Philippians 4: 4…  4 Rejoice in the Lord always. I will say it again: Rejoice! 

Paul’s first instruction to the churches of Philippi is to “Rejoice in the Lord.” 
Paul was a lot like you and me.  There were times when his life was really good.  Then, there were times when he experienced struggles and difficulties.  Surely, if Paul is telling the Philippians to rejoice, then he must have written this at a very good time in his life.  Surprisingly, that is not the case.  Paul tells us in Philippians 1 that he is writing to them from prison.  He is in jail for preaching the Gospel and does not know if he will get out alive.  He writes encouraging letters to his churches, because he thinks this might be the only ministry he has left.  He may never get to preach the Gospel again or plant another church.
The Philippians were also a lot like you and me.  They had their ups and downs.  Sometimes their church was growing.  Sometimes their church experienced conflict.  Surely, Paul is telling them to rejoice because everything is going so well in their church at this particular moment.  Surprisingly, that is not the case either.  The Book of Philippians gives them instructions about standing firm in the face of Roman persecution.  AND, in the verses immediately preceding the command to rejoice, Paul has tried to mediate a church conflict between two women church leaders—Euodia and Syntyche.  The Philippians were experiencing conflict inside the church and outside the church.
I think it is important to note that Paul does NOT say, “Rejoice in your circumstances.”  If joy depends on the circumstances of life, then there will be times when we will naturally express our joy and times when we simply have no reason to rejoice.
Instead, Paul tells the church to “Rejoice in the Lord.”  In other words, regardless of the circumstances, there is still a reason for Christian men and women to rejoice.  Even if we find ourselves in a Roman prison…Even if we experience conflict between two church leaders…Even if we are being persecuted by the government for our faith in Jesus…we can still find a reason to rejoice.  Our reason is the Lord.
When we read the Bible, we discover some very important things about God.  I can think of at least two things the Bible tells us about God which give us reason to rejoice.  First, God makes promises to his people.  Second, God keeps his promises.  I said it last week when I was preaching about Hope, and it is worth repeating today.  A promise is only as dependable as the one who makes the promise.  God made the promise to forgive our sins and give us eternal life with him.  God’s promises do not depend on the circumstances around us.  God’s promises depend on God’s dependability to keep his own promises.  Therefore, we have a reason to rejoice…even when the world seems to be falling apart around us.  Rejoice in the Lord and not in your circumstances.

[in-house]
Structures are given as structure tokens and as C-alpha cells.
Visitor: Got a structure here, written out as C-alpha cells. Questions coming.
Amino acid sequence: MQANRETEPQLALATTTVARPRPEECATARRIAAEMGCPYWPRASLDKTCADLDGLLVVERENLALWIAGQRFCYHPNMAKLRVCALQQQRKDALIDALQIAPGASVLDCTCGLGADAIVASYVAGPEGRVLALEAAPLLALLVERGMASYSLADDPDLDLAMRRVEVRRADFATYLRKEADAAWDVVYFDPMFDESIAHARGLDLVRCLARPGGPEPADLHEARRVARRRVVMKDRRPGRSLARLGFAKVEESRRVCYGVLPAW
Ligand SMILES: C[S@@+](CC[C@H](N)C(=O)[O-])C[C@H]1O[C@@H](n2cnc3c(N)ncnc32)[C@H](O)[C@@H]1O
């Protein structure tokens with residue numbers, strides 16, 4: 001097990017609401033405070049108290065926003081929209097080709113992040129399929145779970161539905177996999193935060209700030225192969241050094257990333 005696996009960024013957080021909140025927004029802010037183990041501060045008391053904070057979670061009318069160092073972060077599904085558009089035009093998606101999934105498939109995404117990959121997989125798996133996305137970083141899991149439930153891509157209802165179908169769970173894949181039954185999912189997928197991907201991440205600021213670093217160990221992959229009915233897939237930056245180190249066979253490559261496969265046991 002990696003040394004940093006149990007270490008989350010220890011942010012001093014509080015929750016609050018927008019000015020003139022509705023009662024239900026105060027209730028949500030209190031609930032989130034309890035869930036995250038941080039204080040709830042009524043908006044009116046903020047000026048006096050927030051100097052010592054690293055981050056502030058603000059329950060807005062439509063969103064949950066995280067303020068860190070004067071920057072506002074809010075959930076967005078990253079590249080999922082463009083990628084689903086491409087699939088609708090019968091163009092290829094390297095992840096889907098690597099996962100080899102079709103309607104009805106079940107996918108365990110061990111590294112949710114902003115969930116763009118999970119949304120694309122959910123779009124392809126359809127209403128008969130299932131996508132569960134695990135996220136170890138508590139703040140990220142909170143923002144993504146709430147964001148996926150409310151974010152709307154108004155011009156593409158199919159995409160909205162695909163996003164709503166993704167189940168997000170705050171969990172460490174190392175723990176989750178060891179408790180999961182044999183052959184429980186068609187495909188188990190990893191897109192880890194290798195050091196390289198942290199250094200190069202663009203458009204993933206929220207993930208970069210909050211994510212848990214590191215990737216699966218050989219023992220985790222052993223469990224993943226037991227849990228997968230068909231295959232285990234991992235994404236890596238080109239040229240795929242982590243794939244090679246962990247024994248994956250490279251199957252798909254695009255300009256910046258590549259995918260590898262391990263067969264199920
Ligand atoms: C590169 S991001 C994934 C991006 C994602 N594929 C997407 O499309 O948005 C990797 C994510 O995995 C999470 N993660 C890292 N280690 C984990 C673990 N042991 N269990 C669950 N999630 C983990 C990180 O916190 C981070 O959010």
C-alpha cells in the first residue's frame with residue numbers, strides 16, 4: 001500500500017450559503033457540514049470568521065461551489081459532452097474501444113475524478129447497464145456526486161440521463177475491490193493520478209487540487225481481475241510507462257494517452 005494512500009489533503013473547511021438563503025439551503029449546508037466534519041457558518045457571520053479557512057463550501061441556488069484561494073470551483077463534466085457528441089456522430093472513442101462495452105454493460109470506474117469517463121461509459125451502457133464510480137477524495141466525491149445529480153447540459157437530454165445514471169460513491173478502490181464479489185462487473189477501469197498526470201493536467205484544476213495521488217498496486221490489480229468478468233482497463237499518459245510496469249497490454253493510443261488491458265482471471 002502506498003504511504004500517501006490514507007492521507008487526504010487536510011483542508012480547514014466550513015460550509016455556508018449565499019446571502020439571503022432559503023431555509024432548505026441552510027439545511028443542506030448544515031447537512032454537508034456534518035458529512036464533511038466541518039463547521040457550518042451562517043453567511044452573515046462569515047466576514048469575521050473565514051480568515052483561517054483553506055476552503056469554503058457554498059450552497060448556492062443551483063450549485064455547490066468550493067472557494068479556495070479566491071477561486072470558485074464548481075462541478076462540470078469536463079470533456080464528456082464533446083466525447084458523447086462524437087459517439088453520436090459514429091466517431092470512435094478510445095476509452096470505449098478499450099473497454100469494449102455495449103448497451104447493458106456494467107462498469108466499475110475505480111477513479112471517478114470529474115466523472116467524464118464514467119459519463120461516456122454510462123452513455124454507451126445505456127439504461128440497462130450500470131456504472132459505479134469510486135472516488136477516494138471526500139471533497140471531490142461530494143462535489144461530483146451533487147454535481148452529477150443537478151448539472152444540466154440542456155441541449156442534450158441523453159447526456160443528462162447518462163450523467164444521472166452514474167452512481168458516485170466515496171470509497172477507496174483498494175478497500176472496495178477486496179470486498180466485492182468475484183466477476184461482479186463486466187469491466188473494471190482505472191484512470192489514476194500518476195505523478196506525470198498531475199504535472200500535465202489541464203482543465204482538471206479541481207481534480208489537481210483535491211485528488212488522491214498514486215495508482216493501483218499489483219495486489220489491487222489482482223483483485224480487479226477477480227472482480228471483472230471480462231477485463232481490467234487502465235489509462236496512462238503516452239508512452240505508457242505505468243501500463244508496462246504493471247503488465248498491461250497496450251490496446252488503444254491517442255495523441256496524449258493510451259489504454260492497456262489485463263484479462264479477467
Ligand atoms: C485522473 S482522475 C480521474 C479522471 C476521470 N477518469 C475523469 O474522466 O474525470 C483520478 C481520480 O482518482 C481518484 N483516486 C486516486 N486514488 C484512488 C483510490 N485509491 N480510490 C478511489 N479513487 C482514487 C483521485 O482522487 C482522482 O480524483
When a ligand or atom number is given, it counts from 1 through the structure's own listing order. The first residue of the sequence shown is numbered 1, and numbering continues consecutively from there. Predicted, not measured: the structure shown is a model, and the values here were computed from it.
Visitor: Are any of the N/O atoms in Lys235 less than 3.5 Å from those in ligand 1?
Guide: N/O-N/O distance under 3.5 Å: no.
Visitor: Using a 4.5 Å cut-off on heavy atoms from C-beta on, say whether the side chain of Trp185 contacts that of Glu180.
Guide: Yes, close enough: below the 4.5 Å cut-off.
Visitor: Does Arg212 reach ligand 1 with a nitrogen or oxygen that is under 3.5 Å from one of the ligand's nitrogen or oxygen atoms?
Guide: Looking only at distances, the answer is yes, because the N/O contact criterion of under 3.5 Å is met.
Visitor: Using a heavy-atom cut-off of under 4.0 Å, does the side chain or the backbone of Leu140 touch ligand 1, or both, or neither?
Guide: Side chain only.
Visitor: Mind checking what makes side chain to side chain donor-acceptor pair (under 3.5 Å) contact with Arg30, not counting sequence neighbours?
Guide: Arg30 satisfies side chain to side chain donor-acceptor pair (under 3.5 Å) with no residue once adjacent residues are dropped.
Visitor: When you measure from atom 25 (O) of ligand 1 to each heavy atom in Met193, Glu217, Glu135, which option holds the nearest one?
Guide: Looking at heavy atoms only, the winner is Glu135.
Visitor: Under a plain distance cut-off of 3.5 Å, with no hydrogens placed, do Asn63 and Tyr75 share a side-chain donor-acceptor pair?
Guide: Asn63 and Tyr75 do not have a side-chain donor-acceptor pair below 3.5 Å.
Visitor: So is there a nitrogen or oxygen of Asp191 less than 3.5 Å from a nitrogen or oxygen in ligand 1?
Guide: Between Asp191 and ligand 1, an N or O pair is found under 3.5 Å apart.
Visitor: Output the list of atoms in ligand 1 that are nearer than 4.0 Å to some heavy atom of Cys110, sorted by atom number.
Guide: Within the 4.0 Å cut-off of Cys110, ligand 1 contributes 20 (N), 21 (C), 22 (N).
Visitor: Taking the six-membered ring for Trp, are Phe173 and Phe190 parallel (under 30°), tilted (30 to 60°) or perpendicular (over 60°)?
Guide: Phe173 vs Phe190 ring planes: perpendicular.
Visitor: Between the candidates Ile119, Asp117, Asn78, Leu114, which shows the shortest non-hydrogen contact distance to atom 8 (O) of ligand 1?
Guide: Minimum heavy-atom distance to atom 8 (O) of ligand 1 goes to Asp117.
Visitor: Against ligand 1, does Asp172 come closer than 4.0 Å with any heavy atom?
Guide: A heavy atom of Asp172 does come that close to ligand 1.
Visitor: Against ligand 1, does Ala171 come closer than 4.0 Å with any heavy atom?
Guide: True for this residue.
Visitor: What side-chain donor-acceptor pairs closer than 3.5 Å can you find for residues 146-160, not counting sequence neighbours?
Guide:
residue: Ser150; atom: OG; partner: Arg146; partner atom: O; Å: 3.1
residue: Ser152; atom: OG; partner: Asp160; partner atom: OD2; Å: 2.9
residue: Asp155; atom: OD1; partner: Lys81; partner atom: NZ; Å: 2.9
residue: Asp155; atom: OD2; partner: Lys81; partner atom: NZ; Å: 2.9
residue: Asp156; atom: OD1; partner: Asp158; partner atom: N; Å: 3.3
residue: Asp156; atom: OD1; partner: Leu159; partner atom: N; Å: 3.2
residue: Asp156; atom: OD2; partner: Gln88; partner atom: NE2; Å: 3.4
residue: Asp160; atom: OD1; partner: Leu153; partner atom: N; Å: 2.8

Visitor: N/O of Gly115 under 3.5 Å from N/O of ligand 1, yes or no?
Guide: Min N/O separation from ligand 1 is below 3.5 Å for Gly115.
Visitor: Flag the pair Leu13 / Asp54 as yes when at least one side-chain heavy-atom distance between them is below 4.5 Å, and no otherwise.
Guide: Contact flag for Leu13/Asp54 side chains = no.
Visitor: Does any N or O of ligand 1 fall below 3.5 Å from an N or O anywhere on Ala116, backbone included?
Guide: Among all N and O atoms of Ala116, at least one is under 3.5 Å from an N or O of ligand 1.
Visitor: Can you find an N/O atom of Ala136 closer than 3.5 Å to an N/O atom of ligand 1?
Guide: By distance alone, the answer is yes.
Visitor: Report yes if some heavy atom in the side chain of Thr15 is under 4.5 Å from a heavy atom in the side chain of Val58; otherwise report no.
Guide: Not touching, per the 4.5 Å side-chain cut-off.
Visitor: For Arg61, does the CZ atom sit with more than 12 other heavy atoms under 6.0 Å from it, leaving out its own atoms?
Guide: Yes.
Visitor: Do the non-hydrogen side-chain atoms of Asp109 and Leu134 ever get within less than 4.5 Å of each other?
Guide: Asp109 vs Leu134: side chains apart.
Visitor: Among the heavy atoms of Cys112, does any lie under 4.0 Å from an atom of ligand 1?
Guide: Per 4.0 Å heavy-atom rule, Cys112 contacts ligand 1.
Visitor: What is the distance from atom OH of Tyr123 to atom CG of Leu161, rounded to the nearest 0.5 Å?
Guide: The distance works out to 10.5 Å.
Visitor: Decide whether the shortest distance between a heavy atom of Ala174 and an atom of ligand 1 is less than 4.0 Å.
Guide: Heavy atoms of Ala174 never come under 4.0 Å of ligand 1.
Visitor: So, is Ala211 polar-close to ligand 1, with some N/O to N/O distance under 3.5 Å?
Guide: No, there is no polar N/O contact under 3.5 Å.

Philippians 4: 5…  5 Let your gentleness be evident to all. The Lord is near. 

Paul’s second instruction is for Christians to be gentle.  But, notice that he tells us that our gentleness is to be evident to all.  All what?  More than likely, he is telling us to demonstrate gentleness to all people…in every relationship—both inside the church and outside the church.  Christians are to be known for our gentleness toward other Christians and toward non-Christians.
We can define gentleness in a negative way by saying gentle people are people who are not harsh or abrasive in relationships with others.  Or, we can define it positively by saying gentle people are people who put the needs of others first.
Basically, Paul is encouraging us to be like Jesus.  Christians are not to be harsh, abrasive or judgmental toward sinners.  Christians are to look out for the needs of others.  Sometimes, we have to make a choice between our needs and the needs of choose others over ourselves.
Then, Paul adds an interesting reminder that “The Lord is near.”
We could take this in one of two different ways.  Either, Paul is saying the Lord is close by our side…Or, he is saying that the Lord’s return is drawing closer in time.  If Paul means that the Lord is close by our side, then he is probably reminding us that God is watching…So, be careful how you treat other people.  If Paul means that the Lord’s return is drawing closer in time, then he is probably telling us to live with the future in mind…if we have to sacrifice our own needs on behalf of others, that sacrifice pales in comparison to all the blessings and comfort we will receive in Heaven…  Be gentle, because the Lord is near.